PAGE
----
About a week ago we accompanied Father Joe Paul to the small village of Radhanagar for a Sunday morning mass. After picking up Father Jilson at the Blessed Andre School, we
proceeded through the jungles and rice paddies. Father Joe Paul drove admirably, but even he couldn't defeat the slippery and dangerously soft mud that awaited us. After getting stuck once (we managed to free the car with the help of some local men),
we came across another, slightly larger, stretch of mud that the Fathers wisely decided to avoid. We went the remaining distance (only a few kilometers) on foot, which was beautiful thanks to the bright blue sky and unreal greens of the paddies. I had got some pretty nice shots of some workers tending the fields. Take a look!
We reached the village after a very steep and thankfully short hill. Father Joe Paul led us along a narrow path surrounded on either side by a steep drop into dense jungle below. We then came to a small building made of thatched bamboo, wooden posts, and sheets of metal for the roof. This was their church. It was one of the more spiritual moments of my life as we
approached it because even though their priest was over an hour late, not one person had left. The church was full; men, women, and children sitting in neat rows on the tarp covered dirt floor. We sat in the very back of the room and waited for mass to begin. The entire mass was in Coakboroak, the tribal language of the region, except for a few words such as "tax collector," which didn't quite translate, and "Americans," which was followed by a nod in our direction and the turning of every head. As the mass was difficult to follow, I used the time to reflect on our experience of the day and as a whole and to wave to all of the cute kids! I snapped a few pictures of them as well.
After mass had concluded, we were called up to the front of the church where we were greeted warmly with smiles and bouquets. We then proceeded into the village where we were taken into a traditional mud home and served lunch.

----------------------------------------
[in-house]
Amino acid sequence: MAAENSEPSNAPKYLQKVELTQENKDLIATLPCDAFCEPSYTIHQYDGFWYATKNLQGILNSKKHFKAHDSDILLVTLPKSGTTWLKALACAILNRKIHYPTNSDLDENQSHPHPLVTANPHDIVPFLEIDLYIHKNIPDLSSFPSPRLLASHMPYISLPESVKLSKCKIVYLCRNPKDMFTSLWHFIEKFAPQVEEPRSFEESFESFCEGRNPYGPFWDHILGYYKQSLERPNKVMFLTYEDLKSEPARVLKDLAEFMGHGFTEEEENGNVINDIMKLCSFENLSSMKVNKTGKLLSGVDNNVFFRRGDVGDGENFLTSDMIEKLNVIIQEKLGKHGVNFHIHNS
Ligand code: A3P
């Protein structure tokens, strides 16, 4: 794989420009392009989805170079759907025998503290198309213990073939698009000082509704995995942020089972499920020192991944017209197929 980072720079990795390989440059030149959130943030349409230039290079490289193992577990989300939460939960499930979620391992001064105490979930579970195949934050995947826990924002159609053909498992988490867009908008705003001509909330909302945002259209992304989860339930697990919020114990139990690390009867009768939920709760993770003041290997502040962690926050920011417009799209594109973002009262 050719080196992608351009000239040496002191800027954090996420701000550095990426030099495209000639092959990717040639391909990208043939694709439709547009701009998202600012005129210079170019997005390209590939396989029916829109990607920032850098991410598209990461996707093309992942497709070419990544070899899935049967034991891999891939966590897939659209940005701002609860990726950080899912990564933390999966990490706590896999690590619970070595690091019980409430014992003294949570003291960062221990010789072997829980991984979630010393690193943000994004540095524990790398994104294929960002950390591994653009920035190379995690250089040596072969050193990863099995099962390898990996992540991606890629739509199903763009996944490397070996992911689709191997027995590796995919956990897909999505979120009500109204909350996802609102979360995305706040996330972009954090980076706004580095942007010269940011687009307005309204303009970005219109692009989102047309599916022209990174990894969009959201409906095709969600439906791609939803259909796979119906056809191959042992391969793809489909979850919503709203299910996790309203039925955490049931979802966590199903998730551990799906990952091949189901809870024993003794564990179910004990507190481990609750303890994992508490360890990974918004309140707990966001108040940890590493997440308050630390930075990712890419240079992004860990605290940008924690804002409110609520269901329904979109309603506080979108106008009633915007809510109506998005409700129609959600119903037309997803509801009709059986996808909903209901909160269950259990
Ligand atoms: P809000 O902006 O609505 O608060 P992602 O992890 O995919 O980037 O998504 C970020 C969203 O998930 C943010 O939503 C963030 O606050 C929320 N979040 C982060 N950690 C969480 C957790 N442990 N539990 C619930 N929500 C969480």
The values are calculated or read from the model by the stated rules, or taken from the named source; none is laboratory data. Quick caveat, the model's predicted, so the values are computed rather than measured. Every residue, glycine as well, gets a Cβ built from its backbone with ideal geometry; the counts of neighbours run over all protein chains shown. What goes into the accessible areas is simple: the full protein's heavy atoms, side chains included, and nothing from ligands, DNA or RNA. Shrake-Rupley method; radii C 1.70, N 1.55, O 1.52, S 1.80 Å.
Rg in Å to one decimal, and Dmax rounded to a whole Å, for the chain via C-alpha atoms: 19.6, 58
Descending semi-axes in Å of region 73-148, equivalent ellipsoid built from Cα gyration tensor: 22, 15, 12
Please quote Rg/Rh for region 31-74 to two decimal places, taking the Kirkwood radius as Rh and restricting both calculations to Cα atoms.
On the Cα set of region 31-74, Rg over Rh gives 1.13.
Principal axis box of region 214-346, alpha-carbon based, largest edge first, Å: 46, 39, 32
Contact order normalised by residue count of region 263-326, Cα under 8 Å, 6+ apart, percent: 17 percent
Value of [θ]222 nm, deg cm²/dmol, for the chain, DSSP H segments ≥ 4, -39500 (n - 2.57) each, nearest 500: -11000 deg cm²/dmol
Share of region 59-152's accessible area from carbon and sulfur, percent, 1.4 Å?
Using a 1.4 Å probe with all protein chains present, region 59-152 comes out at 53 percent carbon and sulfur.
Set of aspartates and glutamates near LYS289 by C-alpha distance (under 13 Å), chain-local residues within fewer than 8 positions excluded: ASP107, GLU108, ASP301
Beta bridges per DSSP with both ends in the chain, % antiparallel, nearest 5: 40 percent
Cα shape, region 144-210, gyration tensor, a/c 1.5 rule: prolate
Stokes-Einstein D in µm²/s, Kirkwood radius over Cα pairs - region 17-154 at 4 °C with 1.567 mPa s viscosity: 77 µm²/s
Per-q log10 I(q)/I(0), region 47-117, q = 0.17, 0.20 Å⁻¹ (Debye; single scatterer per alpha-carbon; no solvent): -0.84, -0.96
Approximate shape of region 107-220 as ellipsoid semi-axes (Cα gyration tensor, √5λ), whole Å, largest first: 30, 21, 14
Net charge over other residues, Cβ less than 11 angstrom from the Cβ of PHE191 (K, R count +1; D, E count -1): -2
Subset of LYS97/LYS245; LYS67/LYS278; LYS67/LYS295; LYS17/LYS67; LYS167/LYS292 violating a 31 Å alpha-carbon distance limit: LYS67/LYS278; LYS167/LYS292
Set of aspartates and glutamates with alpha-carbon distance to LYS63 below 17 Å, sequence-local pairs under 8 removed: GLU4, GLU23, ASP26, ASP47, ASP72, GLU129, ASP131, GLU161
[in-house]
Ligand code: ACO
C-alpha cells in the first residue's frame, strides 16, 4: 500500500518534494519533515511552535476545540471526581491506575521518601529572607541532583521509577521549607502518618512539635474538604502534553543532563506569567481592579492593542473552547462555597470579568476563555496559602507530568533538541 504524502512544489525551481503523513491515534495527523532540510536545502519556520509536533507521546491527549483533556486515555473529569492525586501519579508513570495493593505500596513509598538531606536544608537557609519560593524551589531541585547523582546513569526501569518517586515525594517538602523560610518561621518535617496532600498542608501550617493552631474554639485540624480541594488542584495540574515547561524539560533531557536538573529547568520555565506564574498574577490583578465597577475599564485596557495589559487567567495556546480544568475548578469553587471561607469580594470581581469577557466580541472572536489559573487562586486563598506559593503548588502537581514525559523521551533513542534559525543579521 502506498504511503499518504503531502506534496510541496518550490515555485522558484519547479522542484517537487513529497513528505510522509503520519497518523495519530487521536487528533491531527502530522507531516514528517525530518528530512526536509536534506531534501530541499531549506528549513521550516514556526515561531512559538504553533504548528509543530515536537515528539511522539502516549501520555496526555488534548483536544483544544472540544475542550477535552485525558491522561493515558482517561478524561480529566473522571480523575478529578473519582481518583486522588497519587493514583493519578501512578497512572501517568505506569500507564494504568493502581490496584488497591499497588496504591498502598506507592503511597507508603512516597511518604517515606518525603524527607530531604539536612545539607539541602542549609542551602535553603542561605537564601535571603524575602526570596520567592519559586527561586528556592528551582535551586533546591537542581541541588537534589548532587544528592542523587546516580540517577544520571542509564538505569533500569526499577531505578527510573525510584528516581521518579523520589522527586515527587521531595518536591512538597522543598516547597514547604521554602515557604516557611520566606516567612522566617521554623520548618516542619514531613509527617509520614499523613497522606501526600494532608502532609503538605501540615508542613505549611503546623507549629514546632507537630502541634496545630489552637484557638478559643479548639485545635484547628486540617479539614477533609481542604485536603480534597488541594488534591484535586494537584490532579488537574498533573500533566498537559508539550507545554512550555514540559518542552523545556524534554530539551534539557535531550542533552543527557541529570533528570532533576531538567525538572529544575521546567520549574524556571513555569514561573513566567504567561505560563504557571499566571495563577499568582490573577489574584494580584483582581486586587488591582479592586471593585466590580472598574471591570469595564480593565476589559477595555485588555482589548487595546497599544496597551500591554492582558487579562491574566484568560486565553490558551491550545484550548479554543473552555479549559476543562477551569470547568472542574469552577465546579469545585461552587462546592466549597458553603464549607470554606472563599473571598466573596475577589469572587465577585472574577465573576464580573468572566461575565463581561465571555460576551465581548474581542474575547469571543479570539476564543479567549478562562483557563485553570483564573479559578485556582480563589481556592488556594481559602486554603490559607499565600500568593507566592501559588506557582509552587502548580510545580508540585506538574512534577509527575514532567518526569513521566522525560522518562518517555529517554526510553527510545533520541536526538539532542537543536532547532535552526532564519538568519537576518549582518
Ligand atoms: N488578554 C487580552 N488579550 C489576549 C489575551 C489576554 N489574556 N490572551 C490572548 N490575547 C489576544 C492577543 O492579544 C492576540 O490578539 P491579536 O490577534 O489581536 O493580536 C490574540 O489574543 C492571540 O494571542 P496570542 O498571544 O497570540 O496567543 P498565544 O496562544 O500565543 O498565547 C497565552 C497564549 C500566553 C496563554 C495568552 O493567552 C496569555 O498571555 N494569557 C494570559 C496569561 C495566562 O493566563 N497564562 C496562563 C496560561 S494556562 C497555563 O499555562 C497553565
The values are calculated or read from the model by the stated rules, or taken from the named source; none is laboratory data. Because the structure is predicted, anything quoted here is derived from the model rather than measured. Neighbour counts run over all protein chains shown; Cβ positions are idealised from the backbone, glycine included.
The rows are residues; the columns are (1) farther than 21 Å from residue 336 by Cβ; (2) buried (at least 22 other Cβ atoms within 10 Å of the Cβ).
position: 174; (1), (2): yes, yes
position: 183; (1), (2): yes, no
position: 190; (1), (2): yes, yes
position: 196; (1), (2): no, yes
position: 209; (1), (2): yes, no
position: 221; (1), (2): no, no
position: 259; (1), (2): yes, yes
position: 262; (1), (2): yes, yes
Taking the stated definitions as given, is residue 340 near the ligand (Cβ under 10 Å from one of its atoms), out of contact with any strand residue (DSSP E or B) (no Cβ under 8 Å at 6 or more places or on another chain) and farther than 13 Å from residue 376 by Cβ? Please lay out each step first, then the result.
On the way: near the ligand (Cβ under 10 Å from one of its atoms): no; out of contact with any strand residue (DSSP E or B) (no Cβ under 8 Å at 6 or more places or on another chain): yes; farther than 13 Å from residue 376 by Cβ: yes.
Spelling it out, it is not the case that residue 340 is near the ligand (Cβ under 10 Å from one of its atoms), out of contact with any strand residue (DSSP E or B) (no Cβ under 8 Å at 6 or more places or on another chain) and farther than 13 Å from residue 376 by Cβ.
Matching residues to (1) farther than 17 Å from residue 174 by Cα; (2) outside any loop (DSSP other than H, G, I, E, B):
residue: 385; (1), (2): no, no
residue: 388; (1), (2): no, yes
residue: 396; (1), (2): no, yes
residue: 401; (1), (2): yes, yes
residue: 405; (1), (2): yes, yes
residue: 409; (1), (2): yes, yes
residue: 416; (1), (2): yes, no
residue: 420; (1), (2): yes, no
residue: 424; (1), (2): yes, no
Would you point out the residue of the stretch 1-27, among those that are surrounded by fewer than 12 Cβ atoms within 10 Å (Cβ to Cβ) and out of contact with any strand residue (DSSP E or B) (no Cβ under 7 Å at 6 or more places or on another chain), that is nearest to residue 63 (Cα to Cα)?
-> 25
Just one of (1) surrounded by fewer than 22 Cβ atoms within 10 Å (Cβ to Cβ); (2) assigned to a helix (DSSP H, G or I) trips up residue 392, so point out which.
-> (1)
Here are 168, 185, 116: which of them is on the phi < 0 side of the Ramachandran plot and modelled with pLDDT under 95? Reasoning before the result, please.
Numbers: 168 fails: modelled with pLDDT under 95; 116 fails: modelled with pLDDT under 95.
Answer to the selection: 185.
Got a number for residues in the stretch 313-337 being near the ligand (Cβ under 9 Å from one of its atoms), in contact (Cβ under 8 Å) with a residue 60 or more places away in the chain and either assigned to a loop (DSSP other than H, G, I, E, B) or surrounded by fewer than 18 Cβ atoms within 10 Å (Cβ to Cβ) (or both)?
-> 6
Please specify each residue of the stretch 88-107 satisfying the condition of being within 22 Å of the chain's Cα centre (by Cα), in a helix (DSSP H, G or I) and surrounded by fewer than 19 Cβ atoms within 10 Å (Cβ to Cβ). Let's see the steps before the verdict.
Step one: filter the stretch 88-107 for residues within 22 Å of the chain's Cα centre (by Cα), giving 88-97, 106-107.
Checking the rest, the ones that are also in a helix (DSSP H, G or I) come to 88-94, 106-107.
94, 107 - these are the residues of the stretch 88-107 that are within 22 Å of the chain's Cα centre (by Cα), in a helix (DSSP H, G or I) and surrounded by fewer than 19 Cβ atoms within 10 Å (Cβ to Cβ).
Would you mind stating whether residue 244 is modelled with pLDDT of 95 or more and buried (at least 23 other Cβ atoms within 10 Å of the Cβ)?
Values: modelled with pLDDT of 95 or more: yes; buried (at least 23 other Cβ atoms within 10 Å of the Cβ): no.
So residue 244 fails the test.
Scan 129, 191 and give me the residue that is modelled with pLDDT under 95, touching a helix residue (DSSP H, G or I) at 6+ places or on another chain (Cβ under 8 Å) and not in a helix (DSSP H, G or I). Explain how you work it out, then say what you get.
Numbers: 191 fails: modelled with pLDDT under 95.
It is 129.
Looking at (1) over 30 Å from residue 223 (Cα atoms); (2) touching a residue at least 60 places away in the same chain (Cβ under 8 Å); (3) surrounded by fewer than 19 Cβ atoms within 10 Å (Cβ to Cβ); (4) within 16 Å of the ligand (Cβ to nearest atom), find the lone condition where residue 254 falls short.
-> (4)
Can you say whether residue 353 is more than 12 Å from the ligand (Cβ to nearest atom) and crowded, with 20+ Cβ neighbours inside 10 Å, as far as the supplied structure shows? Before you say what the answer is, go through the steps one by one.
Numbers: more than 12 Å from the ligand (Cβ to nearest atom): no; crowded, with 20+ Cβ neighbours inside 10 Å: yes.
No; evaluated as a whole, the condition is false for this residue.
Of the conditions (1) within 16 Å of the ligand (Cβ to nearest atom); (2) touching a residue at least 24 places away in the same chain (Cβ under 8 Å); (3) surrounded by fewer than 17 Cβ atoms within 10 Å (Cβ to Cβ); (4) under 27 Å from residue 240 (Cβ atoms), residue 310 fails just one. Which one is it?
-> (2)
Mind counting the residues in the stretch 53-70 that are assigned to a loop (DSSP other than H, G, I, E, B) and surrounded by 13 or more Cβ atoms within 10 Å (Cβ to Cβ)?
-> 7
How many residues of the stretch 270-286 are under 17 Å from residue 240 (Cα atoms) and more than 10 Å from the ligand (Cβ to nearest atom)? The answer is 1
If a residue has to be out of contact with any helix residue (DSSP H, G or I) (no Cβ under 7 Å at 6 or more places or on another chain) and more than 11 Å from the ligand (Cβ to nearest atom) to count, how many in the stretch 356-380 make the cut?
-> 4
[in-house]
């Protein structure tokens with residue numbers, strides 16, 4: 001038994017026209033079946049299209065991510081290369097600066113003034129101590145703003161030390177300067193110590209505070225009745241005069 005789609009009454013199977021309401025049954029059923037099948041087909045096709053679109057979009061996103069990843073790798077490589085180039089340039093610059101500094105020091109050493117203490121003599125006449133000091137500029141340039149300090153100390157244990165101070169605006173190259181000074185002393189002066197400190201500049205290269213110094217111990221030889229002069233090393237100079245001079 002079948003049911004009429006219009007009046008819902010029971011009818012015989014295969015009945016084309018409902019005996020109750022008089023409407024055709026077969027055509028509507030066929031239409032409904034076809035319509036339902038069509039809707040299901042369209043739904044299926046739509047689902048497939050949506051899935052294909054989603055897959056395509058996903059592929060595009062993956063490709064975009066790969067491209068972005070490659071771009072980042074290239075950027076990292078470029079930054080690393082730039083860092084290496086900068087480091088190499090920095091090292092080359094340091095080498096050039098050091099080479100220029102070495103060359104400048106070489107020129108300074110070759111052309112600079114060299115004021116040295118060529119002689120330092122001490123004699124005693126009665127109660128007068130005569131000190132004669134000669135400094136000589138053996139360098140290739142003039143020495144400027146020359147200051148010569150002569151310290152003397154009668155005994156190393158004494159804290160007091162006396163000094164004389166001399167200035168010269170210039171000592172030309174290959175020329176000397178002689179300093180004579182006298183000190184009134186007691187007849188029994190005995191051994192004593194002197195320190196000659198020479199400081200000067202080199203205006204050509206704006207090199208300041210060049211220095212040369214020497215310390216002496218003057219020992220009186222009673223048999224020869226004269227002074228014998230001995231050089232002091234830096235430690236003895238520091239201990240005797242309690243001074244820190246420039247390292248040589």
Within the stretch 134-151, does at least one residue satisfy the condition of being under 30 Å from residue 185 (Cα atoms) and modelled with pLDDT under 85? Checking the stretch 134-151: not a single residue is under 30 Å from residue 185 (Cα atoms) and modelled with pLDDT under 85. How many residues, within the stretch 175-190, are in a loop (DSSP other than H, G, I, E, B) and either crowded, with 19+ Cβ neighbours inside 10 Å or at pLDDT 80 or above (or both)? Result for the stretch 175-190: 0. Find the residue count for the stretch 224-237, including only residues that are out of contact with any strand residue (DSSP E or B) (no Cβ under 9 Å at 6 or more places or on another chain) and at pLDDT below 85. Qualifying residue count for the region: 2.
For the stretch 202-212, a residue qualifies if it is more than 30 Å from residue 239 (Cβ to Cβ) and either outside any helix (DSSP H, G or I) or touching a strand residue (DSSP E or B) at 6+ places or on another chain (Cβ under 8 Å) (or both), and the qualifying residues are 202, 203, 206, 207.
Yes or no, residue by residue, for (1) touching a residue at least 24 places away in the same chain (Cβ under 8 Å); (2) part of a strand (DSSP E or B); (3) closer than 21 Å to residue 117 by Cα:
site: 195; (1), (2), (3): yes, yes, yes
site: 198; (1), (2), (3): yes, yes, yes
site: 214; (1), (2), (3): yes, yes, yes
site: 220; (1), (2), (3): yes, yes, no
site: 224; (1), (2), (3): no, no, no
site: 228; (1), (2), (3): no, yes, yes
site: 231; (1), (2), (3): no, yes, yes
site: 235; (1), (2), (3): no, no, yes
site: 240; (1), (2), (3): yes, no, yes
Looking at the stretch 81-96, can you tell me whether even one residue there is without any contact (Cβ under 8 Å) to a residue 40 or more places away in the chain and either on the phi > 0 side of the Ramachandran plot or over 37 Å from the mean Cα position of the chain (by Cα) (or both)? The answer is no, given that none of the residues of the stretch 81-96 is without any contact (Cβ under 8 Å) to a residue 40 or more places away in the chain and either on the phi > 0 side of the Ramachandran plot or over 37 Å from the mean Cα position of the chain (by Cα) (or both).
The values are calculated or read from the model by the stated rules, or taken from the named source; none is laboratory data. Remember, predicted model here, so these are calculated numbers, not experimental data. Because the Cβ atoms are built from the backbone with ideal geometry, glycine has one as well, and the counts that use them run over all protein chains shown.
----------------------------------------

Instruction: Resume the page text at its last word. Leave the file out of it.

After our amazing day in Radhanagar, I hope to spend more visiting villages in the area and experiencing everything they have to offer.

14 September, 2010

Palaces and Temples and Teachers, Oh my!

I apologize for the length of time between my last post and this one. School has gotten much busier here as we have been given new classes to meet the demands of the Blessed Andre School. A quick fact: the Blessed Andre School will be changing its name in mid-October to the Saint Andre School when Blessed Brother Andre becomes officially canonized!
Keeping with the school theme, my classes are going very well. Working with such a wide age range (3rd to 12th grade) has proved to be challenging, but it also keeps you on your toes and guarantees that every day will be different than the last.
Recently, we had the opportunity to take a bit of a day trip to see a Hindu temple and a palace. The Sundari Temple is one of the 51 holiest ‘Shaktipeeths’ (Shrine of the goddess of power ) in India as per Hindu mythology. It is constructed just off the bank of a man-made lake where children and adults alike feed the hungry(and might I add frighteningly large) fish. The temple itself was very crowded as we visited on a religious holiday. We were able to make our way to the temples entrance and see the idol inside. While at the temple complex, you must remove your shoes as a sign of respect. Forgetting it was such a hot day, we complied and immediately found ourselves searching for any spot that the sun might have missed...no luck! Here is a picture of us at the temple...note three things in the photo 1. The beautiful temple in the background 2. The way we are standing to avoid burning the soles of our feet 3. How many people are staring at us!
In Agartala, we have noticed being stared at plenty of times...let's face it...it comes with the territory of being the only 4 white people in a city. When you leave Agartala and travel to some of the more remote areas of Tripura, you become even more of a curiosity!
From the temple we proceeded to a palace built in the middle of a lake called Neermahal, which translates to water palace. It was one of the more impressive things that I have seen in India so far. Once you arrive you have to purchase a ticket for the ferry that will take you across the lake.
The palace was built by King Bir Bikram Kishore Debbarman (quite a name!) from 1930 to 1938
and was intended to be a remote and peaceful escape from political life for the royal family of Tripura. I could immediately see the appeal of the chosen location. You have 360 degree water views with beautiful gardens and wildlife on property. I would imagine that in 1938 there weren't even any buildings within eyesight!

Aside from our small trip, we feel much more comfortable moving around the city of Agartala without escorts now and have hailed and ridden auto-rickshaws (here's a photo of one)
to and from various shops and markets in town.